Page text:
The core message of the book is diversification. Translators can no longer rely on translation alone. They have to keep their eyes open for new areas of specialization, types of services and (sometimes) language pairs. Still, there should be a healthy balance between diversification and pantophagy (do you want to be seen as a jack-of-all-trades?).
Well, I don`t think that this was a kind of revelation to me. Having read dozens of books about business, marketing, etc., I already had some thoughts about where to go to for additional money. To much of my regret, I haven`t (until now – 130 pages away from the first page of the book) read anything to the contrary (i.e. that diversification is an absolutely unnecessary item). I believe there are a lot of translators who make a decent living out of pure translation. On the other hand, do we still use pen and paper to translate texts? Haven`t we already diversified our business using Google Translate, CAT-tools, OCR programs, etc.? I believe we have. You don`t necessarily have to start doing something completely different, first because it will take much of your time (like DTP or voice-over).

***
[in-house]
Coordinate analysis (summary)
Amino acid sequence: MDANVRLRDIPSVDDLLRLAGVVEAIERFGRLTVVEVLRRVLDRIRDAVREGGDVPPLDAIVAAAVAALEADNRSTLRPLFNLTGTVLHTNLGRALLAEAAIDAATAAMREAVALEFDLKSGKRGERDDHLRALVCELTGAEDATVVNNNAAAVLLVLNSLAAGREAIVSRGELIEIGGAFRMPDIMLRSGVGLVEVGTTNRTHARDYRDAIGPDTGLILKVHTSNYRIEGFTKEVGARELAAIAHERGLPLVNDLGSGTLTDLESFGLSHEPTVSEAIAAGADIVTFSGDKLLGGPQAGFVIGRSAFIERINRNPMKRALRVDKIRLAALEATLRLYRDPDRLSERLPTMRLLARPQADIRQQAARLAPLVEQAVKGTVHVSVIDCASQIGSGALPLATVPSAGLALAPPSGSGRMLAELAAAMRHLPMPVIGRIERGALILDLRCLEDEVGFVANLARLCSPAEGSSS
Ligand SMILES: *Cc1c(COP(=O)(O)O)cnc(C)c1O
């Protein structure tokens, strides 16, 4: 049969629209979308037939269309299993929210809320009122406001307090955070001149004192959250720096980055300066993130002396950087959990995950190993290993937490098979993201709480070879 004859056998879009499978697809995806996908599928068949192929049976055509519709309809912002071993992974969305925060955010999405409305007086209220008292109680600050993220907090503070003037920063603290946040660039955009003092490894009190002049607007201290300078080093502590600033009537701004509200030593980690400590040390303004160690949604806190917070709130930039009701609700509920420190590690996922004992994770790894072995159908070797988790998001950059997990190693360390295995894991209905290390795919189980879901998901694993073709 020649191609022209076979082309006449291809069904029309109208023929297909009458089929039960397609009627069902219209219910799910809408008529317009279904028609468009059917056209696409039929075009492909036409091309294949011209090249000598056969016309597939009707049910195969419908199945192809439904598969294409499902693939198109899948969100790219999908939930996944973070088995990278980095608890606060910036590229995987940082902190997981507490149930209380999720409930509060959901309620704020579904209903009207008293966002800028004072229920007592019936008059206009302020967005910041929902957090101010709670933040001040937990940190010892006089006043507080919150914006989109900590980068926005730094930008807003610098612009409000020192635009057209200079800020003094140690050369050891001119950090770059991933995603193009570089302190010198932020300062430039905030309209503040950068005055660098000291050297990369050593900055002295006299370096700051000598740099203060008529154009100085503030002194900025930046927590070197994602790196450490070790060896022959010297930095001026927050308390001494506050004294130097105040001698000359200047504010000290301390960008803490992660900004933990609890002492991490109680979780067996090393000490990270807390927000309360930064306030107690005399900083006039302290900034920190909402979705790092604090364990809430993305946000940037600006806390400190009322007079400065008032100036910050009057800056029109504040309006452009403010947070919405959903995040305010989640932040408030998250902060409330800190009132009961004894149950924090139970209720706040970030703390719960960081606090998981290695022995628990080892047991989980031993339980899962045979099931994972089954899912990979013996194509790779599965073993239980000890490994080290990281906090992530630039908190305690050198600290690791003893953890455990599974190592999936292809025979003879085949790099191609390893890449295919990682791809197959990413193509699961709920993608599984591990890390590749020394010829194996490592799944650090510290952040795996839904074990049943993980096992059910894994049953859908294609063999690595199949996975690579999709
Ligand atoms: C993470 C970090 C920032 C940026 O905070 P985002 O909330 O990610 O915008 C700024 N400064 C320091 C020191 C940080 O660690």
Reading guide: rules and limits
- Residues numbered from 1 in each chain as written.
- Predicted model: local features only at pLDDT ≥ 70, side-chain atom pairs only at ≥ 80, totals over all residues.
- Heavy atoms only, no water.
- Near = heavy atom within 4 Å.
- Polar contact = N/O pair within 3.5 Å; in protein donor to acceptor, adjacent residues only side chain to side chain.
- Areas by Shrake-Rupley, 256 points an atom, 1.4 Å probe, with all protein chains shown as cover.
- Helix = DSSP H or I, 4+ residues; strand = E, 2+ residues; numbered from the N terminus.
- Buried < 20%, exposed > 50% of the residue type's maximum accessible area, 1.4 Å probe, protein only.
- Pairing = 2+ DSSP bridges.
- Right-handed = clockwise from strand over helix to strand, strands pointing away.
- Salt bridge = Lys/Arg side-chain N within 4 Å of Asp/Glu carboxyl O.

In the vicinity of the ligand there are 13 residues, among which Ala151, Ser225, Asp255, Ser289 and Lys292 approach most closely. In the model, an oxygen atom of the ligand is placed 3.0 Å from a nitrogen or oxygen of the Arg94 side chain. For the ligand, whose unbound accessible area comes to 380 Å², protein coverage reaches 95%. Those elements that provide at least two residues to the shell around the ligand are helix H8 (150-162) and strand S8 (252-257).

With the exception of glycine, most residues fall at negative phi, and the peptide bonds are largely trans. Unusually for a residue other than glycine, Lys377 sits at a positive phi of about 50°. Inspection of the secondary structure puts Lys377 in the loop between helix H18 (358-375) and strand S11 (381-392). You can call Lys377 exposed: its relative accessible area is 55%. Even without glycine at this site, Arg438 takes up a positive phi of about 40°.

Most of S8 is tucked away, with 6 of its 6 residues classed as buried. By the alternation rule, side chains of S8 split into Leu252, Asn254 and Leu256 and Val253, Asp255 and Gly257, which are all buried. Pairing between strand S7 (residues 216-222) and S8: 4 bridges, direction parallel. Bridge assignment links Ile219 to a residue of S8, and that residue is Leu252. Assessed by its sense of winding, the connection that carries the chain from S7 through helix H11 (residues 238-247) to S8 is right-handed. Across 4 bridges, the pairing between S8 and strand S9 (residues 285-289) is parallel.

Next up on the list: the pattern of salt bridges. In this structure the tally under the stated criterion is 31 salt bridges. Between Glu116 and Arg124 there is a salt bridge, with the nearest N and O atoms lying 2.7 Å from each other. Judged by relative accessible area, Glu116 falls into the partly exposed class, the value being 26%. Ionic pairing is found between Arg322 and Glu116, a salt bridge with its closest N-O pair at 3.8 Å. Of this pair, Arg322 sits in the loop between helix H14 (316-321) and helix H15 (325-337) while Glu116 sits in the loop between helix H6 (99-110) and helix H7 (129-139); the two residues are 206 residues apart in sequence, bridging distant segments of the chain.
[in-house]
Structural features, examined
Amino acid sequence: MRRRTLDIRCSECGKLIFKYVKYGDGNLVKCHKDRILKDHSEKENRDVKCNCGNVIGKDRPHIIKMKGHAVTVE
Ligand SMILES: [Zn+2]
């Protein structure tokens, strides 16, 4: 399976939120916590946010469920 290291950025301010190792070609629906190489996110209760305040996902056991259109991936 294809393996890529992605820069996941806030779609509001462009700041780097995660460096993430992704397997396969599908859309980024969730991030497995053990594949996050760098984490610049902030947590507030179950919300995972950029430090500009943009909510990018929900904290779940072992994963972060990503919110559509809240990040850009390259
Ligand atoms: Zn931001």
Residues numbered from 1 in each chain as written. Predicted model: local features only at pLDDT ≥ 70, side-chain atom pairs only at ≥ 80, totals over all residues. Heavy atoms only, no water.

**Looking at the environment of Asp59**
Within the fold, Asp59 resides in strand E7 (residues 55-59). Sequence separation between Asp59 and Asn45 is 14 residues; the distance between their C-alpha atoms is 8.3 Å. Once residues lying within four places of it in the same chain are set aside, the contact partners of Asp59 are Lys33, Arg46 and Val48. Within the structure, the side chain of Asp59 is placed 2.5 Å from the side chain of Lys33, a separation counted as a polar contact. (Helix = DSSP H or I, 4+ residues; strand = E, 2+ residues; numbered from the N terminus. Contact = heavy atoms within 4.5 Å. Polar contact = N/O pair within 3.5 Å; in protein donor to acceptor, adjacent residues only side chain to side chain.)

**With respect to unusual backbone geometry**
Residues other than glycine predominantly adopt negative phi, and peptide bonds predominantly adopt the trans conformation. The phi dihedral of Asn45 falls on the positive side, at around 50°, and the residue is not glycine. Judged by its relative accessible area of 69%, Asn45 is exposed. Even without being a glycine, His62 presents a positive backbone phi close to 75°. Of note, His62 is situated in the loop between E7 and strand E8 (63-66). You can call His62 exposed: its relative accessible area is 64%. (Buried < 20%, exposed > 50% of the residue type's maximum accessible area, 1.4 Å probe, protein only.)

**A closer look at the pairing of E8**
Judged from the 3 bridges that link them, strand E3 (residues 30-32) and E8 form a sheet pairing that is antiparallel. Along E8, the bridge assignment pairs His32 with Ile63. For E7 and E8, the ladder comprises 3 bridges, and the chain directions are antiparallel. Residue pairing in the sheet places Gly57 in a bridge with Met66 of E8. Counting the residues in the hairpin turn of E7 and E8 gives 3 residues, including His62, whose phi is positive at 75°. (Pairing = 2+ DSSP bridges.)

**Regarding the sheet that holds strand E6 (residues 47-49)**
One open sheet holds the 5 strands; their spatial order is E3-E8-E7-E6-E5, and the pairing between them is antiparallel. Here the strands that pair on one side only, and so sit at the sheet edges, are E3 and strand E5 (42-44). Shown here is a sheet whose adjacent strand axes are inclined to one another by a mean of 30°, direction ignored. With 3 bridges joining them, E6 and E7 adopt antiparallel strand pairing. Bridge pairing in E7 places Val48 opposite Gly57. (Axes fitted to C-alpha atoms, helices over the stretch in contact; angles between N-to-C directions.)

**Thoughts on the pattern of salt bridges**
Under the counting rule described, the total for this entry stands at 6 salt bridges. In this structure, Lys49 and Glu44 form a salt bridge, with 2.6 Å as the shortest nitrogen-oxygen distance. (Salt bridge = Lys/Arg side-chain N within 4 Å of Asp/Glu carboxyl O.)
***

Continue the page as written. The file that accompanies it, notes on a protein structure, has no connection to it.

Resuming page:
What areas are considered to be examples of “lite” version of diversification? According to contributors of the book, these are transcreation, subtitling, copyediting, proofreading and rewriting. Voice-over, subtitling, interpretation, new language pairs, new subject areas and DTP are all examples of “pro” version of diversification, because they take much time, efforts and money.
To sum up, I have just started reading this (undoubtedly) great collection of thoughts of people who make a difference to this industry. I am sure there will be a lot of precious information further on. For those who want to take a look at what the industry will be within 10 years, read the chapter written by Oleg Rudavin. Sad but true. Or is it really that sad?